WindShip Technology Promises Fuel Savings

Thursday, March 09, 2000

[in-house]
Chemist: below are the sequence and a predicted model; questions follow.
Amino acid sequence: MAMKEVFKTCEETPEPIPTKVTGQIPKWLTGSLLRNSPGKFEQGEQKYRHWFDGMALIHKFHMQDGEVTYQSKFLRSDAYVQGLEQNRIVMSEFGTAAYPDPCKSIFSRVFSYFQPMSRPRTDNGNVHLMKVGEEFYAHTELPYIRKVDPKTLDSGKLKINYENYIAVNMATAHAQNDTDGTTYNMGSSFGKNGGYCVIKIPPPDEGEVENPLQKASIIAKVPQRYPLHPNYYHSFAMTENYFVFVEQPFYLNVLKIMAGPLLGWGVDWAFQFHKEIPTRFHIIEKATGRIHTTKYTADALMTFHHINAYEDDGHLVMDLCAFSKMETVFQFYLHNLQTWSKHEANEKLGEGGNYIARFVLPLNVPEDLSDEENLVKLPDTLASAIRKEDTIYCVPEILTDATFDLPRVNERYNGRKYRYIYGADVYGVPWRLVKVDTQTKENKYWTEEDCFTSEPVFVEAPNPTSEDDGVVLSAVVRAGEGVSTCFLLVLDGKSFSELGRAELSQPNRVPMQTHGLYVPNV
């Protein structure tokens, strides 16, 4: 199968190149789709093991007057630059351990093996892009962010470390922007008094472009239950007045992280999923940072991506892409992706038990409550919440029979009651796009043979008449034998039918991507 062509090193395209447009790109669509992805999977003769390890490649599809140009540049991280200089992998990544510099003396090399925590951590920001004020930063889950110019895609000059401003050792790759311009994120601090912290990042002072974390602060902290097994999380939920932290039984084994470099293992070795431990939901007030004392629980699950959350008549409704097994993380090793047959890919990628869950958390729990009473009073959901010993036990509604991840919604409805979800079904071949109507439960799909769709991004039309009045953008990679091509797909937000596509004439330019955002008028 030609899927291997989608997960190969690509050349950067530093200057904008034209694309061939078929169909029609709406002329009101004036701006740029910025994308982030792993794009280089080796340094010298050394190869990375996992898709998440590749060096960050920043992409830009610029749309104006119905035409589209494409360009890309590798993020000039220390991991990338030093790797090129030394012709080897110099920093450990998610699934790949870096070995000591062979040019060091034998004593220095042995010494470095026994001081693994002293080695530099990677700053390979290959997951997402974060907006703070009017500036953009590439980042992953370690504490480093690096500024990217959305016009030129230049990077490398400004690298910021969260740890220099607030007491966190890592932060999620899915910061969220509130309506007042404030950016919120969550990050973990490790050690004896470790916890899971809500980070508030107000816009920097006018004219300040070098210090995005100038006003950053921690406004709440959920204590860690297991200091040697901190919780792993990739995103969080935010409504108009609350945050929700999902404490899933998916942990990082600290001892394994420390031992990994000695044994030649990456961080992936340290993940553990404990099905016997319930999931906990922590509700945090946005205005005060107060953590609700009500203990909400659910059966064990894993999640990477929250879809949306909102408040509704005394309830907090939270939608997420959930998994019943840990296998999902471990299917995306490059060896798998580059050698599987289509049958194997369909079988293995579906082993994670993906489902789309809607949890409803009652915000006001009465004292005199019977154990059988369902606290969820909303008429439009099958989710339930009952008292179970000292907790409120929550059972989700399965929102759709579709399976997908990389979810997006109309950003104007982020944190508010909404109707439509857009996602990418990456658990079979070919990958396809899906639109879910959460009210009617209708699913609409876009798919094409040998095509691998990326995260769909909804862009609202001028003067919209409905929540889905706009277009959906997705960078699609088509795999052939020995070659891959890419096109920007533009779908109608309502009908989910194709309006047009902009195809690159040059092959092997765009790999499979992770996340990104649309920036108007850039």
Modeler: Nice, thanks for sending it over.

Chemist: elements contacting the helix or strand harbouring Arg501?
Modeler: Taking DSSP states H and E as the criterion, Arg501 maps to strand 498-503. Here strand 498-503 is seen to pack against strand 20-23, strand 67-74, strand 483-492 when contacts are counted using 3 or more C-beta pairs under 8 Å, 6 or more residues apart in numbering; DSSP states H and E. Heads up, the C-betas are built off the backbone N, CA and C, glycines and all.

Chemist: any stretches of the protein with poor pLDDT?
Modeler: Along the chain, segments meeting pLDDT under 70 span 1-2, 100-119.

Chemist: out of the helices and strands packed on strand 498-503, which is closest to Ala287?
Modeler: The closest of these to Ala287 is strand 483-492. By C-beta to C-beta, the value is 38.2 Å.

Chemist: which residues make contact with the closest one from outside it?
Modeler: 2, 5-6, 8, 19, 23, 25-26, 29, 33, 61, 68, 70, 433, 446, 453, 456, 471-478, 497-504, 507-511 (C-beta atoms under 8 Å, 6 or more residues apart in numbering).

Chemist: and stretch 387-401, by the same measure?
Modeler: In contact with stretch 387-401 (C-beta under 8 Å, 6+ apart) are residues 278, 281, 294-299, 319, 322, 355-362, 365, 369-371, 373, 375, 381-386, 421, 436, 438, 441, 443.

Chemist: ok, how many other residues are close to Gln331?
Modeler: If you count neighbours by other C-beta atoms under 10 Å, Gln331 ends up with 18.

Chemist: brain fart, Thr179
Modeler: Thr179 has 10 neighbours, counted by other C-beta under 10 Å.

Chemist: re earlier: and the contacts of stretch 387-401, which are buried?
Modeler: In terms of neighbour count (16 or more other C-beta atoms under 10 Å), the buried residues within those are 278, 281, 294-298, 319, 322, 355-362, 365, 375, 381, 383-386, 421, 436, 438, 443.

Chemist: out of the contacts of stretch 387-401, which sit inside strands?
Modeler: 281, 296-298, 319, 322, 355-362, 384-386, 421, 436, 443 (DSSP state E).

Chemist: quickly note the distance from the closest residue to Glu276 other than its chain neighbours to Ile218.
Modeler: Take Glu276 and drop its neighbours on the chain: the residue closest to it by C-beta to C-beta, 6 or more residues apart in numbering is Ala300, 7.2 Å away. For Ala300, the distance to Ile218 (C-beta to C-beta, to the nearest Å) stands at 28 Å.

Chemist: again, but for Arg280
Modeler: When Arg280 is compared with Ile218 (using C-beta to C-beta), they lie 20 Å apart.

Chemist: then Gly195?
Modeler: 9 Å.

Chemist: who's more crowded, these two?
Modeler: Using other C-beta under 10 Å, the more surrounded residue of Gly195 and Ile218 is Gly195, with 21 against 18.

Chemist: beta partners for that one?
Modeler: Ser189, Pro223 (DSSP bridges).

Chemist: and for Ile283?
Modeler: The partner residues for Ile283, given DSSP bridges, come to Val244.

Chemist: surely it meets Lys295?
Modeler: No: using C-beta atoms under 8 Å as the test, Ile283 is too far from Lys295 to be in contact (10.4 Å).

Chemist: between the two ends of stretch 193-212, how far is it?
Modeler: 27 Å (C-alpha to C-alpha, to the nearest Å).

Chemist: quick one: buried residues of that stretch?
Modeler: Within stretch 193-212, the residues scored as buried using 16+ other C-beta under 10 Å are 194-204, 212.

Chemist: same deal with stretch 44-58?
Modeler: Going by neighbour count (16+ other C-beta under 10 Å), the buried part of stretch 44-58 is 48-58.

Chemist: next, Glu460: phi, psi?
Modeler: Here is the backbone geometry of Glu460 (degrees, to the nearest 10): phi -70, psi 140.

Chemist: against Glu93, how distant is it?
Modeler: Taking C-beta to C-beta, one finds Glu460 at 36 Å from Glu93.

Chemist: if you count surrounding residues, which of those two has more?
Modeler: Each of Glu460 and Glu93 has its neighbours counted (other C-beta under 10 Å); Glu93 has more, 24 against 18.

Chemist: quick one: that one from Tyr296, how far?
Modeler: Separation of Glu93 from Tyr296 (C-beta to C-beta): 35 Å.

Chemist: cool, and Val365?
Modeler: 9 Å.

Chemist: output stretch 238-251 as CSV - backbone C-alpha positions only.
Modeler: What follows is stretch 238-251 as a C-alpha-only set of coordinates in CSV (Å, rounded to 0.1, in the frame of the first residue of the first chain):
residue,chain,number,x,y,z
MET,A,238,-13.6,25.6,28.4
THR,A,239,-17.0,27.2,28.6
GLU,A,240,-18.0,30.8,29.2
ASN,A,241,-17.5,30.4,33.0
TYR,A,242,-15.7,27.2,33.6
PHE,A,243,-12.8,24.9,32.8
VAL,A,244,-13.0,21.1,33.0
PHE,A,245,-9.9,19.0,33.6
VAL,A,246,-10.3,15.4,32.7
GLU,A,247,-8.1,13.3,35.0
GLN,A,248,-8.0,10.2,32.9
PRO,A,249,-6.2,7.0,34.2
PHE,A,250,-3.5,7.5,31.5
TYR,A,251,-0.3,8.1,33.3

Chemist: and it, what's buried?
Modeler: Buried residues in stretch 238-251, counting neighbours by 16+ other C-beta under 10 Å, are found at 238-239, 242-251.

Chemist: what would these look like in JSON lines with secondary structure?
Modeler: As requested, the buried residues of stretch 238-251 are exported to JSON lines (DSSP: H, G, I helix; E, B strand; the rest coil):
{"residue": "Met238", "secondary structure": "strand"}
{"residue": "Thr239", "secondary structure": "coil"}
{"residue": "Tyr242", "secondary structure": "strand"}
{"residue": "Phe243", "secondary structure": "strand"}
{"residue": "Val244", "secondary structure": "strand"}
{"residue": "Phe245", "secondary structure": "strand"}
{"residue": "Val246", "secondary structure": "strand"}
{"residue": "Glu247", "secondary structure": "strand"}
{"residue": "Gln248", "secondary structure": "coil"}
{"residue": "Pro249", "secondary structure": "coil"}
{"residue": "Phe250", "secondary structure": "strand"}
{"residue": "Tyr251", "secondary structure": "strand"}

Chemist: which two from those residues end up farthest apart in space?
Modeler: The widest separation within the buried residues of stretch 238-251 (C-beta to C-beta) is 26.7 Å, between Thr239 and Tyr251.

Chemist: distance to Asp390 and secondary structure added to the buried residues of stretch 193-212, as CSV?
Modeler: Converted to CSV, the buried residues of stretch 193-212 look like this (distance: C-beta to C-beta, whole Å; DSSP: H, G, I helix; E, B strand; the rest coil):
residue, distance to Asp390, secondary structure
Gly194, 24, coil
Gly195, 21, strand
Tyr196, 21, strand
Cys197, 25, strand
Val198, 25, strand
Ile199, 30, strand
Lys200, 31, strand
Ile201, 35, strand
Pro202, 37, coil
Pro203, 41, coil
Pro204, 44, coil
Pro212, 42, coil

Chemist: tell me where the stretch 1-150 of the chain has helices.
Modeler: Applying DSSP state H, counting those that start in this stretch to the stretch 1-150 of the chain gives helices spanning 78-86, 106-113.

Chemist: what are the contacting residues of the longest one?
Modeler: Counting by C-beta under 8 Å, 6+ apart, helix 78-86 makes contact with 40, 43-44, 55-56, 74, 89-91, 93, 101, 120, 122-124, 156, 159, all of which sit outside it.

The task of designer ships, which are increasingly fuel efficient as well as environmentally friendly, is the marine industry's constant challenge, today and forever. While hull designs and propulsion systems continually evolve, a new development from Knud E. Hansen A/S shows promise in taking the cause a step further. An interesting design being touted by the firm is a Modern Windship, a sail-assisted vessel, which marries Mother Nature's power harnessed with an innovative ship shape. In fact, according to the designer, the new efficient rig design, combined with an especially developed underwater hull, promises to cut the fuel consumption by half on selected ocean routes. In 1995 the Danish Ministry of Environment and Energy granted funding for Knud E. Hansen A/S to investigate the feasibility of adding sail assisted power to propel commercial ships. In phase 1, which was finished in November 1996, a broad background of various projects from the last 30 years, involving sailing and sail assisted ships, were investigated. The study envisaged a new type of sailing vessel named "Modern WindShip" with a length of about 656 ft. (200 m) and a dwt of 50,000 tons. The proposed WindShip was compared to conventional ships, and it was concluded that in spite of significant fuel savings an increased overall transportation cost of approx. 10 percent resulted. The work resulted in a report: "Modern WindShips — Phase 1," published at the end of 1996. Based on the positive findings in phase 1, new funding was provided by the Danish Environmental Protection Agency, acting on behalf of the former Danish Council for Recycling and Lesser Polluting Technology. Together with selected external partners — The Danish Maritime Institute, The Danish Meteorological Institute and Mærsk Broker — Pelmatic Knud E. Hansen A/S carried through phase two. In phase two the results were: •A new innovative rig design, with complete mechanical layout (see various images). •A new underwater hull, specifically designed for the dual propulsion using both wind and diesel power. •A Velocity Prediction Program (VPP) specifically developed for the WindShip. •Extensive weather routing, simulating nearly 400,000 voyages with the WindShip, enabling precise predictions of the fuel consumption in "real life." An economical feasibility study confirmed that the 10 percent higher freight rate was necessary for the WindShip. This stems from the fact that the construction and running costs are slightly higher for the WindShip at the present stage. On routes with reasonable weather wind conditions, like in the Atlantic Ocean, fuel savings of about 27 percent can be obtained. On routes where the superior internal volume capacity of the WindShip can be properly utilized, fuel savings of 50 percent are possible. This corresponds to an annual fuel savings of approximately 4,800 tons, having large beneficial effects on the environment by reducing harmful emissions of CO2, SOx and NOx.
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